Monday, March 7, 2016

Now it's real: Ransomware for Mac OS X

OS X users who had downloaded Transmission torrent client this weekend could have a serious ransomware problem. We'll expand this information and we'll take the opportunity to mention the existence of another of these "critters": a "talking" ransomware. We'll continue looking to a worldwide cybercriminal map and we'll drive to the end talking about drawing passwords.



Approximately a year ago we have been talking about Mac OS X ransomware but or it didn't work well or it was a concept test. What was clear was, as pure software it is, the ransomware could work on Windows and Mac, but cybercrime didn't focus in this operating system yet. Well, now it seems it's the time, with KeRanger, the ransomware hidden in the Transmission bittorent 2.91 version.

Talking ransomware

We keep talking about the ransomware world because Trend Micro warns of the existence of another one called CERBER, which can "talk" to their victims through an audio file which says: Attention! Attention! Attention! Your files, photos, database and other important files have been encrypted. It sounds in English, but the ransomware has the option, if the victims use Tor, of going  to a website to reproduce it in several languages. The ransomware is getting more and more "handsome" and that's why there is a lot of money at stake.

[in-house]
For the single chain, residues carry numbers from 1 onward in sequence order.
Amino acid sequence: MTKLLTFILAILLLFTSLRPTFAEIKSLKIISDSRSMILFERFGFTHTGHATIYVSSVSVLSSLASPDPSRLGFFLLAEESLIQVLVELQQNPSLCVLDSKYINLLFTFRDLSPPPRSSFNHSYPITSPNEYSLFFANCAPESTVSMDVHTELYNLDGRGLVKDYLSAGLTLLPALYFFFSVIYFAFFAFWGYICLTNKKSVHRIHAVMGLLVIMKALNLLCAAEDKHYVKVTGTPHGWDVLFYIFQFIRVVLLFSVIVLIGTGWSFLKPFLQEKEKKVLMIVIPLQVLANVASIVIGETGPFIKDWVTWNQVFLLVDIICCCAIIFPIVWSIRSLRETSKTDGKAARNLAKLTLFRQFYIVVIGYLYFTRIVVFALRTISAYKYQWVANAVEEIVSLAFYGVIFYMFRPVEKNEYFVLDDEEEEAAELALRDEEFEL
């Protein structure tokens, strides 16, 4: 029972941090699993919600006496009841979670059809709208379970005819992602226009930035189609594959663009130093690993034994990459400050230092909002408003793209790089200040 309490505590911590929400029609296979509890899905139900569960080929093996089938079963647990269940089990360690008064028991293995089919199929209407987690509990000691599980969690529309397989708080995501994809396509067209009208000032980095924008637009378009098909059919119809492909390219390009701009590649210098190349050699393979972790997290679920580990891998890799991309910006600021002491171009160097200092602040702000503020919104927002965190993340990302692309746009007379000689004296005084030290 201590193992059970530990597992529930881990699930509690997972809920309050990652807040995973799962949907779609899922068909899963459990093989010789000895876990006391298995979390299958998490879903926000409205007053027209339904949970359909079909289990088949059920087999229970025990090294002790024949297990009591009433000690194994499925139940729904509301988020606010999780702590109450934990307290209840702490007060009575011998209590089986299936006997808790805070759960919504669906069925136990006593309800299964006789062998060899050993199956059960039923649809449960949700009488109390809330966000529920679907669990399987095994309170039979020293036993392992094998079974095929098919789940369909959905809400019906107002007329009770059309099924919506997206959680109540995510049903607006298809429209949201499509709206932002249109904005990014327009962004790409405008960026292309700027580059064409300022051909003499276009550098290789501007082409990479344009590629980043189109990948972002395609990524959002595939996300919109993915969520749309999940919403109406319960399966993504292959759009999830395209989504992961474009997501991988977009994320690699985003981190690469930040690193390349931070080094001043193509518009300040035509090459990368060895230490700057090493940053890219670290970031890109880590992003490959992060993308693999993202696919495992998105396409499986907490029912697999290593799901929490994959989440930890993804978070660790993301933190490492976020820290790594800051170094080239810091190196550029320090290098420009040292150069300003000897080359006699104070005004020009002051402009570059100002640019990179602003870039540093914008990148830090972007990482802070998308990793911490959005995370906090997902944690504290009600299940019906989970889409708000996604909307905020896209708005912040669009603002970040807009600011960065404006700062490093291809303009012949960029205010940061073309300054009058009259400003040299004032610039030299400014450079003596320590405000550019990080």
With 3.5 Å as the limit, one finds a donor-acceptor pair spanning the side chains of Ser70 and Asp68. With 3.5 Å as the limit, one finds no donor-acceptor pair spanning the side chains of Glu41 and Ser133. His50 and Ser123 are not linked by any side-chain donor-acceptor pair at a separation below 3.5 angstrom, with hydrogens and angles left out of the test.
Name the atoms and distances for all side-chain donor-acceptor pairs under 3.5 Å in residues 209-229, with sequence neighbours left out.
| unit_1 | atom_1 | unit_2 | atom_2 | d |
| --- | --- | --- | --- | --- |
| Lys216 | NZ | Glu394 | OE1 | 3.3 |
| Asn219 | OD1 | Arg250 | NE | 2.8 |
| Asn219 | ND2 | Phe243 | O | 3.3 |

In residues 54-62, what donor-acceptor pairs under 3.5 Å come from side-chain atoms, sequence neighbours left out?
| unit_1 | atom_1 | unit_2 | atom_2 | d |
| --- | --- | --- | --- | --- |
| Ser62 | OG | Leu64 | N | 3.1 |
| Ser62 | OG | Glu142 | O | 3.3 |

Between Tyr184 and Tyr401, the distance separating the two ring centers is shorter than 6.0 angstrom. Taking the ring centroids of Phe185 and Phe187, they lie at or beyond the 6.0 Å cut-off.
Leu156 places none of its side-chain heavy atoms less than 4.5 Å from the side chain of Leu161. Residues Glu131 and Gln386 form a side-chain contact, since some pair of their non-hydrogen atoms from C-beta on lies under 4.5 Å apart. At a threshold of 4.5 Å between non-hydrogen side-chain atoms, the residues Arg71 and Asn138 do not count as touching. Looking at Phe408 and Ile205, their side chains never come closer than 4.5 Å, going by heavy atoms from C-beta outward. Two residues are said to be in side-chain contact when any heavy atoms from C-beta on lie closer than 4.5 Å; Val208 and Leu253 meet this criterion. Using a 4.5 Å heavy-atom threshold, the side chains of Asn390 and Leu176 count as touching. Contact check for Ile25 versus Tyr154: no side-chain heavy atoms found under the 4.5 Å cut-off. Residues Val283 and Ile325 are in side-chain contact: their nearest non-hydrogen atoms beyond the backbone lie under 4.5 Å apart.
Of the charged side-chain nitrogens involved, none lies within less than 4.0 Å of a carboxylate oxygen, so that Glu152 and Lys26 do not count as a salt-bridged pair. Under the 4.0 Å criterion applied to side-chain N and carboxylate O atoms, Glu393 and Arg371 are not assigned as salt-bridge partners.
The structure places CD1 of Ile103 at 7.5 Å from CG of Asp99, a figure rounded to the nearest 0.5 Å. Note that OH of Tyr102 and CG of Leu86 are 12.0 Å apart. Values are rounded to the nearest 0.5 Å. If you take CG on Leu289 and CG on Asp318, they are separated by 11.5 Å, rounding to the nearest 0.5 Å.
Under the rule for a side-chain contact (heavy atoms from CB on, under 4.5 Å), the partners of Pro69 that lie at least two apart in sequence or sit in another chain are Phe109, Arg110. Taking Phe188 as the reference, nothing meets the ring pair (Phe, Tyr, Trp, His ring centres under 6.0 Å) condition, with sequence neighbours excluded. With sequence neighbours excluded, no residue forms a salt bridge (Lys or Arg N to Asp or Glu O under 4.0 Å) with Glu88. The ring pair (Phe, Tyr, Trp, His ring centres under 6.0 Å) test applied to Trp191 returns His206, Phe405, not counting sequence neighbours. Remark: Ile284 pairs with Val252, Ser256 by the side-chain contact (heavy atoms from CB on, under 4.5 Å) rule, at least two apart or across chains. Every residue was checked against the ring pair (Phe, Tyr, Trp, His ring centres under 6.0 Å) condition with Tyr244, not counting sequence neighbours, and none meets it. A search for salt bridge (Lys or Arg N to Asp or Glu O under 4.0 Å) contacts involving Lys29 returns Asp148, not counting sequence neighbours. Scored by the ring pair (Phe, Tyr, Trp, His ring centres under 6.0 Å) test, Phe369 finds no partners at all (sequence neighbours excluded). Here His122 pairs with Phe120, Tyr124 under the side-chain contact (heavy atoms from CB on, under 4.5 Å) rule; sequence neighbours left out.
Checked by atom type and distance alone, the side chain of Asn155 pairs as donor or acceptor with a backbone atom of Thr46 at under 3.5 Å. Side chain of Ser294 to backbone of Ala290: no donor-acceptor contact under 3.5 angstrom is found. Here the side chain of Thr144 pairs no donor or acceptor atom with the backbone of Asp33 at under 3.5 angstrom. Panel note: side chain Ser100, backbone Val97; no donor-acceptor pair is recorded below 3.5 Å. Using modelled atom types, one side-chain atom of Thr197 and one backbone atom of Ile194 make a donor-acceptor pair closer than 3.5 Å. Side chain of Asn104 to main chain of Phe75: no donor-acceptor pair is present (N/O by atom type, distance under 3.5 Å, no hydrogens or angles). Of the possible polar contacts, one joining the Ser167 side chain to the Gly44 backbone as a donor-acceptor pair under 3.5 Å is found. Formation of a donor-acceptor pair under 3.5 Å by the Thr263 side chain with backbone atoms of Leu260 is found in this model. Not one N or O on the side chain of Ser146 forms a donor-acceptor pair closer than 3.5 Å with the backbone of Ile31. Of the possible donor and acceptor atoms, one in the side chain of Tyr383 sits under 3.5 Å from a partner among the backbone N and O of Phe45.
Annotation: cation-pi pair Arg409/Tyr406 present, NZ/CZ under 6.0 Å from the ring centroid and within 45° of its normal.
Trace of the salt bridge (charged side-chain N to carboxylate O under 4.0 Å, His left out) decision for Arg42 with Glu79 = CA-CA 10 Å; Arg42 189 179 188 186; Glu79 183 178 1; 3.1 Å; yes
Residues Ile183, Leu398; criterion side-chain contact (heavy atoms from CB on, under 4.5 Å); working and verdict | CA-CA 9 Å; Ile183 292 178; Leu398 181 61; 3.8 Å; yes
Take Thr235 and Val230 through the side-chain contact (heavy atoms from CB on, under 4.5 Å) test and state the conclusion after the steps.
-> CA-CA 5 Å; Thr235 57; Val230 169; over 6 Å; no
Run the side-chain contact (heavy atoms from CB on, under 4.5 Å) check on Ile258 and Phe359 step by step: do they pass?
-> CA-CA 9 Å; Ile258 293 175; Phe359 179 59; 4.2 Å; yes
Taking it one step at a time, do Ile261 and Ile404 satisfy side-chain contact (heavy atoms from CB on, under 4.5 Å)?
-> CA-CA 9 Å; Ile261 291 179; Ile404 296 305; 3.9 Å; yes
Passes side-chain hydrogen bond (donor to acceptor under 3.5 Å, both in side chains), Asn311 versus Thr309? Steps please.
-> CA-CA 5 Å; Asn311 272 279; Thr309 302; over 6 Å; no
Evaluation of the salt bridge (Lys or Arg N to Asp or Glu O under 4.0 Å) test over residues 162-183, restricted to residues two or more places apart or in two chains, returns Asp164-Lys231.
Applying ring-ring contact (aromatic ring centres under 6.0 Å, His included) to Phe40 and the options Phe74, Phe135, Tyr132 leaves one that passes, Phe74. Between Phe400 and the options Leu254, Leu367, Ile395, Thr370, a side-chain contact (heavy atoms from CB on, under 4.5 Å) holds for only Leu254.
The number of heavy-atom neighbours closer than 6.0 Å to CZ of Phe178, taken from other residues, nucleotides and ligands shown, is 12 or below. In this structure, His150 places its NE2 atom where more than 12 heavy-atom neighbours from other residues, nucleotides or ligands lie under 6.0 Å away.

Where are the cyber-mafias

Cybercrime mafias are who are winning this money and they are growing. TrendMrico has investigated them and offers an interesting worldwide map of the main "families", located in Russia, Germany, Japan, China, Brazil and North America. Each "underground" has it own characteristics, detailed in this interesting TrendMicro study.

Drawing-password

We finish in the always interesting "MIT Technology Review", where we discover a new investigation line about passwords. At this point, we realize about the actual uselessness password system and we assist to a race to see who discovers the new winner formula. We've seen many purposes but we like this: the "Free-Form Gesture Authentication" or, what it means, draw lines with fingers.

We'll see how it ends and we hope we'll do it soon, because the authentication double factor, although it's better than a simple password, it's clear isn't great.


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